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Originally Posted by 13ruce

With billions of planets, star systems etc i doubt we are the only ones.

Of course we aren't. But without knowledge we will never know.

Everything we are, everything we can be is directing us to our ultimate destiny. The proliferation of humanity across the stars.
Calabi
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(09-13-2017, 08:22 PM)
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Mind control. Specifically I mean to be able to completely map and understand the human consciousness and manipulate, control it your own ends.

I cant see that not being abused.
Poppy
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(09-13-2017, 08:24 PM)
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Originally Posted by Fbh

But would it alter our reality or simply create a new parallel timeline ?

parellel timeline, but you can merge them back together using the chrono cross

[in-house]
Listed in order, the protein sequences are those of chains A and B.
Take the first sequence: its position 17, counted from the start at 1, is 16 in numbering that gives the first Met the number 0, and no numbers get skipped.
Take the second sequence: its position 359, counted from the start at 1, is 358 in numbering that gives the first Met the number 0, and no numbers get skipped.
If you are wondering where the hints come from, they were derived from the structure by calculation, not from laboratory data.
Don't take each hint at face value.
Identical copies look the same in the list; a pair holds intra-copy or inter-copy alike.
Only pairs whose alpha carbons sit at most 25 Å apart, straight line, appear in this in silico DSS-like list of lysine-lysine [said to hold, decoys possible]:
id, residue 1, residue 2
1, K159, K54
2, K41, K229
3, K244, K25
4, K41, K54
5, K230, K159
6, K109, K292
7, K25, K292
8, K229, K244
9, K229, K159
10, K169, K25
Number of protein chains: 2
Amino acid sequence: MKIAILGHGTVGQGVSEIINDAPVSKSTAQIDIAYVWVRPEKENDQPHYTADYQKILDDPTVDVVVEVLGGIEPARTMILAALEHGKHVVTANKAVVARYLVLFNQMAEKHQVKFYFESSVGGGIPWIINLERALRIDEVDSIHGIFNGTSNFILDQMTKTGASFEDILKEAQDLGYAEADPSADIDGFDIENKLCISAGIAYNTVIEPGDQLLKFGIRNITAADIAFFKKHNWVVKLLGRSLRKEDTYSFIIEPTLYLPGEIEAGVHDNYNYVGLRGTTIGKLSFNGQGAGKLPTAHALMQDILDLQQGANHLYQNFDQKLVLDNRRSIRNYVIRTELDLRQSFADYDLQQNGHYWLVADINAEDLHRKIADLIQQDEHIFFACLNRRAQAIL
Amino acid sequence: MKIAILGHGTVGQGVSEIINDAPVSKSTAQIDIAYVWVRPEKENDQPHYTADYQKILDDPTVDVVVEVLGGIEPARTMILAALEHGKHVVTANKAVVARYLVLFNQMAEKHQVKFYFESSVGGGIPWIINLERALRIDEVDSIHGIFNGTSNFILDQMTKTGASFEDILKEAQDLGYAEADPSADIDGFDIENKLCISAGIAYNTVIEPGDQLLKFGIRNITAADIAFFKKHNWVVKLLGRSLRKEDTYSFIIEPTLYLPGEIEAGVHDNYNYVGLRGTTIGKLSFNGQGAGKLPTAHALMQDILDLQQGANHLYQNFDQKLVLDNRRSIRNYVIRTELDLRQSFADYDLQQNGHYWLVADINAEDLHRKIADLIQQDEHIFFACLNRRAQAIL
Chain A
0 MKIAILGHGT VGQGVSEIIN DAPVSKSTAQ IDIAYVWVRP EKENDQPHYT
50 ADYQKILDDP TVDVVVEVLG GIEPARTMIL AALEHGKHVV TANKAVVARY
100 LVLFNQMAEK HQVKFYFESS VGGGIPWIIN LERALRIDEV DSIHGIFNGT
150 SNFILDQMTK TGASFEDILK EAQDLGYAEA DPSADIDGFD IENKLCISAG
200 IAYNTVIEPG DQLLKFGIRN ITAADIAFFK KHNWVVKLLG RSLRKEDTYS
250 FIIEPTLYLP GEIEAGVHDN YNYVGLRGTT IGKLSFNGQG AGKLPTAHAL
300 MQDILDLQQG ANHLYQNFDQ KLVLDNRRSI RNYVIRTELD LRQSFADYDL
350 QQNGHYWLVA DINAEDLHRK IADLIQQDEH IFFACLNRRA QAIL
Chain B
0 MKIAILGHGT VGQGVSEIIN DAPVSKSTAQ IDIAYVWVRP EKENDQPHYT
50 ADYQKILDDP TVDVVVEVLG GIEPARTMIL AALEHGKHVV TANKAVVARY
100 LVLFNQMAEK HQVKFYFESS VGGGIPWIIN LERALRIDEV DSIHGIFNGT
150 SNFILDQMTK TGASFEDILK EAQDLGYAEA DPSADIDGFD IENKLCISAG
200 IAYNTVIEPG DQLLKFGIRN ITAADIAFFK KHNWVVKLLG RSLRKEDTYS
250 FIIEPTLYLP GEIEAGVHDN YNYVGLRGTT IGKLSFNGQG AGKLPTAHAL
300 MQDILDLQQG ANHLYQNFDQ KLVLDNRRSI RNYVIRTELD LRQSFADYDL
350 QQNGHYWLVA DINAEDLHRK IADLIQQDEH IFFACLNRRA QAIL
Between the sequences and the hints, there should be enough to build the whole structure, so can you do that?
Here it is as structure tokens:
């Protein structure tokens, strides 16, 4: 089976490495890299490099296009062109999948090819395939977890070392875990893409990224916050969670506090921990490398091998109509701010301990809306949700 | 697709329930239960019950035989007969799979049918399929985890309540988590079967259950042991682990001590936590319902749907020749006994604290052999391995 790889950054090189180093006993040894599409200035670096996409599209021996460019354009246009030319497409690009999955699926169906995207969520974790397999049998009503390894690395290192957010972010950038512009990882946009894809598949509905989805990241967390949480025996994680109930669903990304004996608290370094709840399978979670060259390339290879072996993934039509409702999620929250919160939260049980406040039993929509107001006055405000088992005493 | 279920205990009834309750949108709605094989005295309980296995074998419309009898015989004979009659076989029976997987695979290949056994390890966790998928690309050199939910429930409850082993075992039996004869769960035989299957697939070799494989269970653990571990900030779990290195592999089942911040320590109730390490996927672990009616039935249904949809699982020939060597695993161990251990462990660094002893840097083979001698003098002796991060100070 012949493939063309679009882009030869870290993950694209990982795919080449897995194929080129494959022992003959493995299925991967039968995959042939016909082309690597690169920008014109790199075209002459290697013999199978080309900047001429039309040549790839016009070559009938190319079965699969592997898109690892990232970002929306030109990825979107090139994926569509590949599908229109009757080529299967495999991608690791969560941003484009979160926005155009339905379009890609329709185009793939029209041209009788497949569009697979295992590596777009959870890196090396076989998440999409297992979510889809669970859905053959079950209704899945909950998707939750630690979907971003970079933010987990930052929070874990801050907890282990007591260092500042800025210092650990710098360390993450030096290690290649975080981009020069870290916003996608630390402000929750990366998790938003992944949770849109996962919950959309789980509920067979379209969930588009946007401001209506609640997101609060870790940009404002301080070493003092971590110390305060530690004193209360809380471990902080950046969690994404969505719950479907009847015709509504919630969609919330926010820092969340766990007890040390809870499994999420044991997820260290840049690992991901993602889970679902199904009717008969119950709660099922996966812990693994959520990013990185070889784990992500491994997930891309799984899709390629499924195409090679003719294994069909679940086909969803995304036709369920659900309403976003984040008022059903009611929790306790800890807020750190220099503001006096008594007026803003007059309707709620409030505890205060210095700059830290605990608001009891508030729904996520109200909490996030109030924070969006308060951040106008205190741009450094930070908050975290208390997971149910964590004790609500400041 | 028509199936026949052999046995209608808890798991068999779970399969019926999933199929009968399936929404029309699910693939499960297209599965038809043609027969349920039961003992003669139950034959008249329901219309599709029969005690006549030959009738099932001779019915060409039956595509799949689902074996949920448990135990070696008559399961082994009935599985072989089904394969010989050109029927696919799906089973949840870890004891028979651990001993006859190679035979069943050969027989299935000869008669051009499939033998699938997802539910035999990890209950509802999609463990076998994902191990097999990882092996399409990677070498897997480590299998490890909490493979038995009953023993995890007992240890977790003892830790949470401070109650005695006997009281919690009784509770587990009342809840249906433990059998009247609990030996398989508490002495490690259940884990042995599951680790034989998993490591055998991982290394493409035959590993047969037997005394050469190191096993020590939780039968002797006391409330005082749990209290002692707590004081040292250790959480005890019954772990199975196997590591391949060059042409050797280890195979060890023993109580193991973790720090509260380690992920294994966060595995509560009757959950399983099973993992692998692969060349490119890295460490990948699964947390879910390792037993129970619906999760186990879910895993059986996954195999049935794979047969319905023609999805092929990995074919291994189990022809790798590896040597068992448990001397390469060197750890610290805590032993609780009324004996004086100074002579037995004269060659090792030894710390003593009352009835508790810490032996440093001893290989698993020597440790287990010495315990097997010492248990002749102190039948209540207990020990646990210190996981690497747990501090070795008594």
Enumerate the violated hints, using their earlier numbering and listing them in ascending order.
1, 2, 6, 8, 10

13ruce
Banned
(09-13-2017, 08:26 PM)

Originally Posted by Fbh

But would it alter our reality or simply create a new parallel timeline ?

Depends if the Hero fails, wins or becomes a child again.

Originally Posted by SG-17

Of course we aren't. But without knowledge we will never know.

Everything we are, everything we can be is directing us to our ultimate destiny. The proliferation of humanity across the stars.

That would indeed be cool if we humans can someday do interstellar space travel.
umop_3pisdn
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(09-13-2017, 08:31 PM)
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I could see some kinds of knowledge being restricted to some members of some institutions, but to prevent it from being known by anyone seems both inordinately challenging and potentially irresponsible.
Robot Pants
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(09-13-2017, 08:35 PM)
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The true origins of Guy Feiri....